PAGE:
Constantinou P, DaCosta RS, Wilson BC; J Microsc. 2009;234:137-46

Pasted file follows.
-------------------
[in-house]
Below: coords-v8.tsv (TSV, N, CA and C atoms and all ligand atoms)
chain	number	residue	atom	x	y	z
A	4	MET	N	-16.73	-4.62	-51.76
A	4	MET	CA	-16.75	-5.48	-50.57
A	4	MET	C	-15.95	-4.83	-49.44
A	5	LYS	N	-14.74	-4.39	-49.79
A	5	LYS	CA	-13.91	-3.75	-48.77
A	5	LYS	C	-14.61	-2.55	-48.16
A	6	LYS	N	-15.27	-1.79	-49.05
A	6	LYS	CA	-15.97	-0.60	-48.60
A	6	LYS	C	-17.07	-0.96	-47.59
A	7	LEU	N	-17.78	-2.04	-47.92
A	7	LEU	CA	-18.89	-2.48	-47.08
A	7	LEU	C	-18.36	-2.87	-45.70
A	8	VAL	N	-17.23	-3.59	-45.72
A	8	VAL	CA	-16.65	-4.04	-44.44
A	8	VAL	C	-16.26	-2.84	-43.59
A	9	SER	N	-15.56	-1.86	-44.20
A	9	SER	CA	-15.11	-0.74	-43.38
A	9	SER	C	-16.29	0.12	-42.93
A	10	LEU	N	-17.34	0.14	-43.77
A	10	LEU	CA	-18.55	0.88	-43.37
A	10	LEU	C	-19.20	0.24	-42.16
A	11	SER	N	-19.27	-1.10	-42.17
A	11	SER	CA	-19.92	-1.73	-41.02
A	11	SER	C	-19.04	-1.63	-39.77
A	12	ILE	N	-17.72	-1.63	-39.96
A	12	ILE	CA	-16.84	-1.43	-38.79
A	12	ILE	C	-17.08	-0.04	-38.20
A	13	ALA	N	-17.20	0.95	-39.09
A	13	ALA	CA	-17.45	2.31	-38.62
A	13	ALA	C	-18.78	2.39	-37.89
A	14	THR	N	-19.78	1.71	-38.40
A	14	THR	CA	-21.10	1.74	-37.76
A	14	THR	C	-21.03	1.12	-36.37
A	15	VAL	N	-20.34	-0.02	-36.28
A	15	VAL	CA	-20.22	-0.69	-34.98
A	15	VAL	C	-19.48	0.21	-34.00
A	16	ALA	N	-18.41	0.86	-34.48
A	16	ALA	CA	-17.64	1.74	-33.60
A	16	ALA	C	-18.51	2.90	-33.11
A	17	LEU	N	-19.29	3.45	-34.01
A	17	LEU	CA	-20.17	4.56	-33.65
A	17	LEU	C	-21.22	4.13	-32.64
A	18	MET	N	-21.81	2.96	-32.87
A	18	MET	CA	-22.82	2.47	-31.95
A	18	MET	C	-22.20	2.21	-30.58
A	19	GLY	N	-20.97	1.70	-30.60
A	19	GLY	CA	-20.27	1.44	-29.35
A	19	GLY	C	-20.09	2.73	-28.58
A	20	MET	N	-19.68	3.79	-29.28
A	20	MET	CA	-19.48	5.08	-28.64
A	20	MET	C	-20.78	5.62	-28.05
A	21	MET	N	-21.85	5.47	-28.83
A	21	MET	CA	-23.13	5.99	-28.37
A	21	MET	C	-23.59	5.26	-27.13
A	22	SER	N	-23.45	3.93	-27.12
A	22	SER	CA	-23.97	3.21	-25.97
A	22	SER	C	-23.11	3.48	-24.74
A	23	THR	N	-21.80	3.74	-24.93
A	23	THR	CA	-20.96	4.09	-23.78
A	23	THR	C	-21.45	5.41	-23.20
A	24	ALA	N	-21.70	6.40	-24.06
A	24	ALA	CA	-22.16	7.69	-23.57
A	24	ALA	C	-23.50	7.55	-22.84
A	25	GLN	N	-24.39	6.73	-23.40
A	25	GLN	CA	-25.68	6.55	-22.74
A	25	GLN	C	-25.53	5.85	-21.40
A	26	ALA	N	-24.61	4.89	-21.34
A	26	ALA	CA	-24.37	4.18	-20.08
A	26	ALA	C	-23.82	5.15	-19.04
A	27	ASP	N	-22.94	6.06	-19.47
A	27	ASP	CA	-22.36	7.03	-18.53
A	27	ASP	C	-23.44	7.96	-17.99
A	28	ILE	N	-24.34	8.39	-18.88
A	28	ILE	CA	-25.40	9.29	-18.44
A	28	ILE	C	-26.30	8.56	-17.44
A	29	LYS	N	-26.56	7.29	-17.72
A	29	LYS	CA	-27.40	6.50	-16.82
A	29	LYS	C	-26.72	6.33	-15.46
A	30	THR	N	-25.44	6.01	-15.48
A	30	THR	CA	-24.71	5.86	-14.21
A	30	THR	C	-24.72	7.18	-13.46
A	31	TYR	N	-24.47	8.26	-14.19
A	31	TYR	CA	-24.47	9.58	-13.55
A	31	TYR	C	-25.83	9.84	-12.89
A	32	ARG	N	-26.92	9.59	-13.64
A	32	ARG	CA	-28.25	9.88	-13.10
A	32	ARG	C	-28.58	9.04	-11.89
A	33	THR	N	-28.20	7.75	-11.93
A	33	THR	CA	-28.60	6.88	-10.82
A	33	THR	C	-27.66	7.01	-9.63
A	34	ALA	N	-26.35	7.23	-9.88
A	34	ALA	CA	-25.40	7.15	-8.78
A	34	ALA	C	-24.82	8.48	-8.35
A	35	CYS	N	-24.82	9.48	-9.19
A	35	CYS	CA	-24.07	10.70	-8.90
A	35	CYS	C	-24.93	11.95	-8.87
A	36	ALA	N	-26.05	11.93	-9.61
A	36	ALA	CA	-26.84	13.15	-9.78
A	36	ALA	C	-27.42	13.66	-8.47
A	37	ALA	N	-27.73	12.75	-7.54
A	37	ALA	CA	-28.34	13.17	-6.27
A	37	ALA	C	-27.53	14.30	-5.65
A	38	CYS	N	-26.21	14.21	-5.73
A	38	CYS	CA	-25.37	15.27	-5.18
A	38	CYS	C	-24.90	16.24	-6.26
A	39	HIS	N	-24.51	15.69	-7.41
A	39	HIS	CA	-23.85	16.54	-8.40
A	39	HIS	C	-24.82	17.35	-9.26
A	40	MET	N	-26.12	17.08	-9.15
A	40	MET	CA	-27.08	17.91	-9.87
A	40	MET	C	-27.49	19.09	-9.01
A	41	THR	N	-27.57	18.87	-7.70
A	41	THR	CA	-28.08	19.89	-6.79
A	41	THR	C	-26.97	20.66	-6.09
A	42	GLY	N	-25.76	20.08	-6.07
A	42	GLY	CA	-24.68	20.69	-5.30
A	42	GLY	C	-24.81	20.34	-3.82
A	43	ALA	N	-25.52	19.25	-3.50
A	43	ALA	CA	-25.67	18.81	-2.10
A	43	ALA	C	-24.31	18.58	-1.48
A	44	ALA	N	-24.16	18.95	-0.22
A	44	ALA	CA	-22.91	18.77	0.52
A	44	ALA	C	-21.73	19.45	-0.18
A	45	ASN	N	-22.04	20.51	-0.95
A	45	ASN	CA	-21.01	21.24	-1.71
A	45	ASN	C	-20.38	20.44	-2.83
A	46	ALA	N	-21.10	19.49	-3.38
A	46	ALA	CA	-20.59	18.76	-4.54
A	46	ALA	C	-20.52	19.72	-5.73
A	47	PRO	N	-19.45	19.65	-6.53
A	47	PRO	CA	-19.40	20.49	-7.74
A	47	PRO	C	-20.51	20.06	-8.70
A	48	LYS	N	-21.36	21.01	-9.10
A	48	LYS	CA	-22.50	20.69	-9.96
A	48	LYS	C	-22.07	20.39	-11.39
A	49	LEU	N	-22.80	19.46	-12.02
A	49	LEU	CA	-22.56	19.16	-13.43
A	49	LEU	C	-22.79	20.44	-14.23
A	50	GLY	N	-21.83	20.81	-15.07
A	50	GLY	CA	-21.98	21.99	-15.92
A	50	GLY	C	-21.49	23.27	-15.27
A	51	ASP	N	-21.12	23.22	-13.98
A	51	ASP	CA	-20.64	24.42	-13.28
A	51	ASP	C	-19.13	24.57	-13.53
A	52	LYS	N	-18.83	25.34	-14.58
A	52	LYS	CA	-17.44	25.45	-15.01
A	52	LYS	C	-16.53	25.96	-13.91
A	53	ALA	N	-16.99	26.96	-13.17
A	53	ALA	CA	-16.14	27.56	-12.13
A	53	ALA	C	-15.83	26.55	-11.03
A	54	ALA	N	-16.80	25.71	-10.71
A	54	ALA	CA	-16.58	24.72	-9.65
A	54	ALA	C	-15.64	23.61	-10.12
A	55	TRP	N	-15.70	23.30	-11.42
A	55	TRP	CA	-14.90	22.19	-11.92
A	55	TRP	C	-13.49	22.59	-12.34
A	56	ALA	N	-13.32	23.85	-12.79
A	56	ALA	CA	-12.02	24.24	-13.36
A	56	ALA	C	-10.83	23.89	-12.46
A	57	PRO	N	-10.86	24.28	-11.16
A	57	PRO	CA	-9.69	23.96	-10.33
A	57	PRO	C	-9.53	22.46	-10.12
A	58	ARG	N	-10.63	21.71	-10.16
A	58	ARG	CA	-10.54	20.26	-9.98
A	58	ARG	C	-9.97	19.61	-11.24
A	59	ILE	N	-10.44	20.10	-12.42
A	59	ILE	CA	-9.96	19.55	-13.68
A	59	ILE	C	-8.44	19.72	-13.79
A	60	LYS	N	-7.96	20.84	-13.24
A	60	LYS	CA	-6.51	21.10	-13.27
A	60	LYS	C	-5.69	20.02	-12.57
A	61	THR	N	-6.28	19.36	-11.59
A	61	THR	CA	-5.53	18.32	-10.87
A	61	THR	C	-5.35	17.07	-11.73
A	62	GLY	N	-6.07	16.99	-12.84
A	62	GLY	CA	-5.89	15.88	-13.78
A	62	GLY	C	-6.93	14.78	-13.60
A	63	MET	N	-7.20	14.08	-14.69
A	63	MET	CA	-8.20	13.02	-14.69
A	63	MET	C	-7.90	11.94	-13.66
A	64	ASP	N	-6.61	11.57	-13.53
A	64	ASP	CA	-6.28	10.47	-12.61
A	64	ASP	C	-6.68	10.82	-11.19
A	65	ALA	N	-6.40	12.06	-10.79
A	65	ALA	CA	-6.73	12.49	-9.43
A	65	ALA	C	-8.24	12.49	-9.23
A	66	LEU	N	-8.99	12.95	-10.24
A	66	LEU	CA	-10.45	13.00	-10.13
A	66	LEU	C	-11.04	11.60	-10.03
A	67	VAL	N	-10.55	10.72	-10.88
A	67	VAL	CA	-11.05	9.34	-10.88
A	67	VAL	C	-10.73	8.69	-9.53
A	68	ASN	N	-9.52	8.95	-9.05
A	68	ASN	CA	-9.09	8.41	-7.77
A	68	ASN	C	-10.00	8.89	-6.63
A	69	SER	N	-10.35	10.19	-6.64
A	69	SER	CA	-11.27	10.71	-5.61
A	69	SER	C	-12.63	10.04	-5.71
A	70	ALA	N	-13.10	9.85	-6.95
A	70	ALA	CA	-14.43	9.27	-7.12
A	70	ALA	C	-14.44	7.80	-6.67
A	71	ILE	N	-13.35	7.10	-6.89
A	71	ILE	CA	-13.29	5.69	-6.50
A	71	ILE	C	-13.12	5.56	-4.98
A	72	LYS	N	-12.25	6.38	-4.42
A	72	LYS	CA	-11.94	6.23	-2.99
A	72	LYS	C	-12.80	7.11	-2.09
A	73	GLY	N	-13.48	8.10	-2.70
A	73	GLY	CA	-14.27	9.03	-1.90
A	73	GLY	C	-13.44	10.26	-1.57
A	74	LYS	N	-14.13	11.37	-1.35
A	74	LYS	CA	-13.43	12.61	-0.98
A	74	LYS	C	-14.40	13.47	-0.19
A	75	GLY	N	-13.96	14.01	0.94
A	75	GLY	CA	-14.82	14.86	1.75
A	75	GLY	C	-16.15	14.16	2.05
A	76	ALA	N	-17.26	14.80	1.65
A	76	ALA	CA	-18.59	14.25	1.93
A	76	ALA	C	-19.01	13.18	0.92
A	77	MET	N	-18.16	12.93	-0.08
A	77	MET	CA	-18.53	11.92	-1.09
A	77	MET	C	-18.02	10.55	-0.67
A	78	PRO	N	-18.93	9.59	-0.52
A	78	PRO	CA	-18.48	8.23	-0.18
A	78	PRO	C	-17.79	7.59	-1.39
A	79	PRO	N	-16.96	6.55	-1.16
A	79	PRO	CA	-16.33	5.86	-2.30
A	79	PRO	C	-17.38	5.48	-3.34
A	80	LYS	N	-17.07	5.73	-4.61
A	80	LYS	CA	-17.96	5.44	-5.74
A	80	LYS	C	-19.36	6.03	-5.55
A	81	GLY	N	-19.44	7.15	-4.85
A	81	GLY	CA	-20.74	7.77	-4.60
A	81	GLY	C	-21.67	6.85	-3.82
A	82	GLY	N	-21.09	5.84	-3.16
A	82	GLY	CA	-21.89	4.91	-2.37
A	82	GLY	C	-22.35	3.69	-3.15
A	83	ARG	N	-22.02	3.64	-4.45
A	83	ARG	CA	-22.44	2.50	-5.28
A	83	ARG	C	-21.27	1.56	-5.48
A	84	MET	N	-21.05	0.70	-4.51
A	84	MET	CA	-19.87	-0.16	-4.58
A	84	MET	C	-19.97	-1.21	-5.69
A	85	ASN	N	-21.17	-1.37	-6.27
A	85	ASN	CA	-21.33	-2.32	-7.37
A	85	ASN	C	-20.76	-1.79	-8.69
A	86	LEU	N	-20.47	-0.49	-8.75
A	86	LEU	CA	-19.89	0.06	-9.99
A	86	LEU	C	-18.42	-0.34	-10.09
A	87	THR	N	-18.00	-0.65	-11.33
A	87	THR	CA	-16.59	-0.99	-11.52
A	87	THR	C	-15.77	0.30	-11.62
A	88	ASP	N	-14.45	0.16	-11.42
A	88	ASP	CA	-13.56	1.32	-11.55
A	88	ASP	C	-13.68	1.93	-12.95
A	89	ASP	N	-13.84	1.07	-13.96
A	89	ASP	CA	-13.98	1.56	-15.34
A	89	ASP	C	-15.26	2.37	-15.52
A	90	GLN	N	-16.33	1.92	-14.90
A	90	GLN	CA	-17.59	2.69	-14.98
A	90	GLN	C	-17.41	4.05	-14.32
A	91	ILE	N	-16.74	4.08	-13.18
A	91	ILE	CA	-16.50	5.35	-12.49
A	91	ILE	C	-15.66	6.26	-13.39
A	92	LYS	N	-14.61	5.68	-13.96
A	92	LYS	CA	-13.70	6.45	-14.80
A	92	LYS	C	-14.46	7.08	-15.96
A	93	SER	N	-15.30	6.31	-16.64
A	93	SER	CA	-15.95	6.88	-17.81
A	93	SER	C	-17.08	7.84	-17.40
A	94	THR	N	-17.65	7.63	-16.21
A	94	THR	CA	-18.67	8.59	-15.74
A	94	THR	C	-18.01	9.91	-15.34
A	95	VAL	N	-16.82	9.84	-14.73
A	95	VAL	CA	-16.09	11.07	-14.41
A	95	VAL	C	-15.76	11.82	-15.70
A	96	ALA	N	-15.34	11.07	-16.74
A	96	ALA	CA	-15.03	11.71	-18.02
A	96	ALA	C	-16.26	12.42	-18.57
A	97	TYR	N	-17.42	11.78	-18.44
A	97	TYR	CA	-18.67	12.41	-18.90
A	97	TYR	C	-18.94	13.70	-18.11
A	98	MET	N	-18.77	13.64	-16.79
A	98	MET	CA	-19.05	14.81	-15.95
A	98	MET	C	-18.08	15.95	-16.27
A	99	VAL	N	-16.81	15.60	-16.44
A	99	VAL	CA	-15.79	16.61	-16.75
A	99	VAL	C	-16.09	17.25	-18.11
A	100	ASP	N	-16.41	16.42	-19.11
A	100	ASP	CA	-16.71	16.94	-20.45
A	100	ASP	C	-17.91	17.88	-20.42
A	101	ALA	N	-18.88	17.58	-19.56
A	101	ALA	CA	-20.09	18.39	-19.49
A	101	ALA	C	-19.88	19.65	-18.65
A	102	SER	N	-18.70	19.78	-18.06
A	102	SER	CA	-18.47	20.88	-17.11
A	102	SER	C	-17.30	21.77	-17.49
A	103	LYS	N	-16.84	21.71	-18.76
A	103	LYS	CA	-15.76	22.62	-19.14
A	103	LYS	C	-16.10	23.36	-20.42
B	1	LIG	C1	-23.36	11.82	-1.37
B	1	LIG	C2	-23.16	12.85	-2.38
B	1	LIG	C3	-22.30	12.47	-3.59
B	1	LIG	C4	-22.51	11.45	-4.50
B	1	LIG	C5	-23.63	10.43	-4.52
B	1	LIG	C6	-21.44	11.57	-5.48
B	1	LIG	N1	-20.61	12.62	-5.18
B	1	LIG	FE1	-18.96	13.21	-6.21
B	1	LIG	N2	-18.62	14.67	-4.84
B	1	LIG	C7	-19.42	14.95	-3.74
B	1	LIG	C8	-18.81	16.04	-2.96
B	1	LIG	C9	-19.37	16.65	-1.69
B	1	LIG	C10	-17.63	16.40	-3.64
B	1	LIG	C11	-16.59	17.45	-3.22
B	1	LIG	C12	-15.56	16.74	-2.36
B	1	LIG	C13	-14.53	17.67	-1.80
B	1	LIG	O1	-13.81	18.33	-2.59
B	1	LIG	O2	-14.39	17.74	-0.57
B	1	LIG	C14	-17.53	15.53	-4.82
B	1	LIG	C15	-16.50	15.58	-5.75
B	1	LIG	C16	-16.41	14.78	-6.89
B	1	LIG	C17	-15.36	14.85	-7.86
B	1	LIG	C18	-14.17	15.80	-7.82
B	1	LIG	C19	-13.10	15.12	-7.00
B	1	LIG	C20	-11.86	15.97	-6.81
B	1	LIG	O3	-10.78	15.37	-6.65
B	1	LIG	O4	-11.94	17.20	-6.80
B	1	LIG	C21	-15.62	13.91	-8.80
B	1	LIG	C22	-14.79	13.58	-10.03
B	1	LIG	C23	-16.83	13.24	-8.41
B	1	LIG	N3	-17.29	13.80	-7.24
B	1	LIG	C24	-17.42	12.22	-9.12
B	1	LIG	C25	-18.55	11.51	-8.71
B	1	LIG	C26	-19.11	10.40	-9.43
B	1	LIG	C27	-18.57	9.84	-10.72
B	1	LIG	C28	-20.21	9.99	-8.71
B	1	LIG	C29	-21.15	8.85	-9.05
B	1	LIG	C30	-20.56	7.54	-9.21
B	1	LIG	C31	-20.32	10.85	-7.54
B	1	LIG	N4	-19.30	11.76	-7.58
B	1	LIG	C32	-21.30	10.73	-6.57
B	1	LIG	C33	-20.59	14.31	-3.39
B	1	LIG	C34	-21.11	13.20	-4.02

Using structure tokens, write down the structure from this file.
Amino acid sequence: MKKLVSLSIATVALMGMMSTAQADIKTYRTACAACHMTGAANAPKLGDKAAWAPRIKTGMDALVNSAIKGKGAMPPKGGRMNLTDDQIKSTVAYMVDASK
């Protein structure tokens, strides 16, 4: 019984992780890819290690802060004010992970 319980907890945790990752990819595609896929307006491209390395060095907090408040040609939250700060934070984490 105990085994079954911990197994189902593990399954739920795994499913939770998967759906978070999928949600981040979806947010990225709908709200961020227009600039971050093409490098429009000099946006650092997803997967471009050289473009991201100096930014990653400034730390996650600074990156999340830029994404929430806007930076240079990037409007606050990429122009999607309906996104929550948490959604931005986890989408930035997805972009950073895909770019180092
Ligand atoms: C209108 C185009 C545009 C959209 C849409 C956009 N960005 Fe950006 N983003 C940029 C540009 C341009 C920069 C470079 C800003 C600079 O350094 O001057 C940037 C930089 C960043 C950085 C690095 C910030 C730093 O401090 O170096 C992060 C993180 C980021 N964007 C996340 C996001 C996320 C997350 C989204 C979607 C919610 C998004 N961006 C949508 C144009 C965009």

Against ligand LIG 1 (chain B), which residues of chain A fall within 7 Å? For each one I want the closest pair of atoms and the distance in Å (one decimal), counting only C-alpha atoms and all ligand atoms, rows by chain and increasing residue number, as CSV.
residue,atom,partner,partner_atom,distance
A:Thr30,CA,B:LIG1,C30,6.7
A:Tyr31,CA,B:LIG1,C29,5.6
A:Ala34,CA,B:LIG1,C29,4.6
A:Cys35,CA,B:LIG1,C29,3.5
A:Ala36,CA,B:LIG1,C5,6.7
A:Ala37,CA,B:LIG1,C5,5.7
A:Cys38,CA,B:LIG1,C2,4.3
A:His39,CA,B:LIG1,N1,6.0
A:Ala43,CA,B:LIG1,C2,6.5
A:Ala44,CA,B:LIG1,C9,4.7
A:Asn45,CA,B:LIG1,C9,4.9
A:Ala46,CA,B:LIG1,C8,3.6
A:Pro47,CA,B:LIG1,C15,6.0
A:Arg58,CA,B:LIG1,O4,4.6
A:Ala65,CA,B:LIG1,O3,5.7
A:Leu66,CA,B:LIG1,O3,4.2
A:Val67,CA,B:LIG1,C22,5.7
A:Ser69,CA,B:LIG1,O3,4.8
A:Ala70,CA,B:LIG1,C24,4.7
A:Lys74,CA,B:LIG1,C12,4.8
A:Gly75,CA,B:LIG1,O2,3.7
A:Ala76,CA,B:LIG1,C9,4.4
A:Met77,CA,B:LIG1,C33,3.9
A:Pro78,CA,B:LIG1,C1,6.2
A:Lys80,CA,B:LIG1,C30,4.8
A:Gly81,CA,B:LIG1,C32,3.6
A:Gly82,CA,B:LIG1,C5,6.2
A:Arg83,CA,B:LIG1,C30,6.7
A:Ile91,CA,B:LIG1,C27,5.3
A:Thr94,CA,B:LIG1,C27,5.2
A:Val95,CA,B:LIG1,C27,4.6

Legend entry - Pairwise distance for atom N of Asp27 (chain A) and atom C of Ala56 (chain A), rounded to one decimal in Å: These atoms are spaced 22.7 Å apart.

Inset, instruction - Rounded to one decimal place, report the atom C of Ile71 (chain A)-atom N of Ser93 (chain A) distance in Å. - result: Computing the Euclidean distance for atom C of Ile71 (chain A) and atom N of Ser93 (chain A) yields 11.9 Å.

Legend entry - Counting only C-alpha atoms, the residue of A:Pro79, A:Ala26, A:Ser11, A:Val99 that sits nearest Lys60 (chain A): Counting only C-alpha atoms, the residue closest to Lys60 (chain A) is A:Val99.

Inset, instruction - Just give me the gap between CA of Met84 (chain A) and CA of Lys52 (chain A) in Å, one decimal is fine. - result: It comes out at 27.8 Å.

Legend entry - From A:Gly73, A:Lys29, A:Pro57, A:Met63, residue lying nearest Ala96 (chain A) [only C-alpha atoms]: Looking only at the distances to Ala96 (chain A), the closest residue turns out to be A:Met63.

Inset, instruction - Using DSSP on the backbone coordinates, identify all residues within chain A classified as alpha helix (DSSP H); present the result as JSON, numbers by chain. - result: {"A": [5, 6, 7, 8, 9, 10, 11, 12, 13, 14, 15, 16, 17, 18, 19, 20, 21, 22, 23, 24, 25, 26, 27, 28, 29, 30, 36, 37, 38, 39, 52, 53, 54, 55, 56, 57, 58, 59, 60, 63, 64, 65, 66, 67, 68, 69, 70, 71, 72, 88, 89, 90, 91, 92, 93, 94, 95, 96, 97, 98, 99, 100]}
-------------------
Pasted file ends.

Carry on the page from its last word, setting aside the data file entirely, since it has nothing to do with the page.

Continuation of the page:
A major problem in microscopic imaging of ex vivo tissue sections stained with fluorescent agents (e.g. antibodies, peptides) is the confounding presence of background tissue autofluorescence. Autofluorescence limits (1) the accuracy of differentiating background signals from single and multiple fluorescence labels and (2) reliable quantification of fluorescent signals. Advanced techniques such as hyperspectral imaging and spectral unmixing can be applied to essentially remove this autofluorescent signal contribution, and this work attempts to quantify the effectiveness of autofluorescence spectral unmixing in a tumour xenograft model. Whole-specimen single-channel fluorescence images were acquired using excitation wavelengths of 488 nm (producing high autofluorescence) and 568 nm (producing negligible autofluorescence). These single-channel data sets are quantified against hyperspectral images acquired at 488 nm using a prototype whole-slide hyperspectral fluorescence scanner developed in our facility. The development and further refinement of this instrument will improve the quantification of weak fluorescent signals in fluorescence microscopy studies of ex vivo tissues in both preclinical and clinical applications.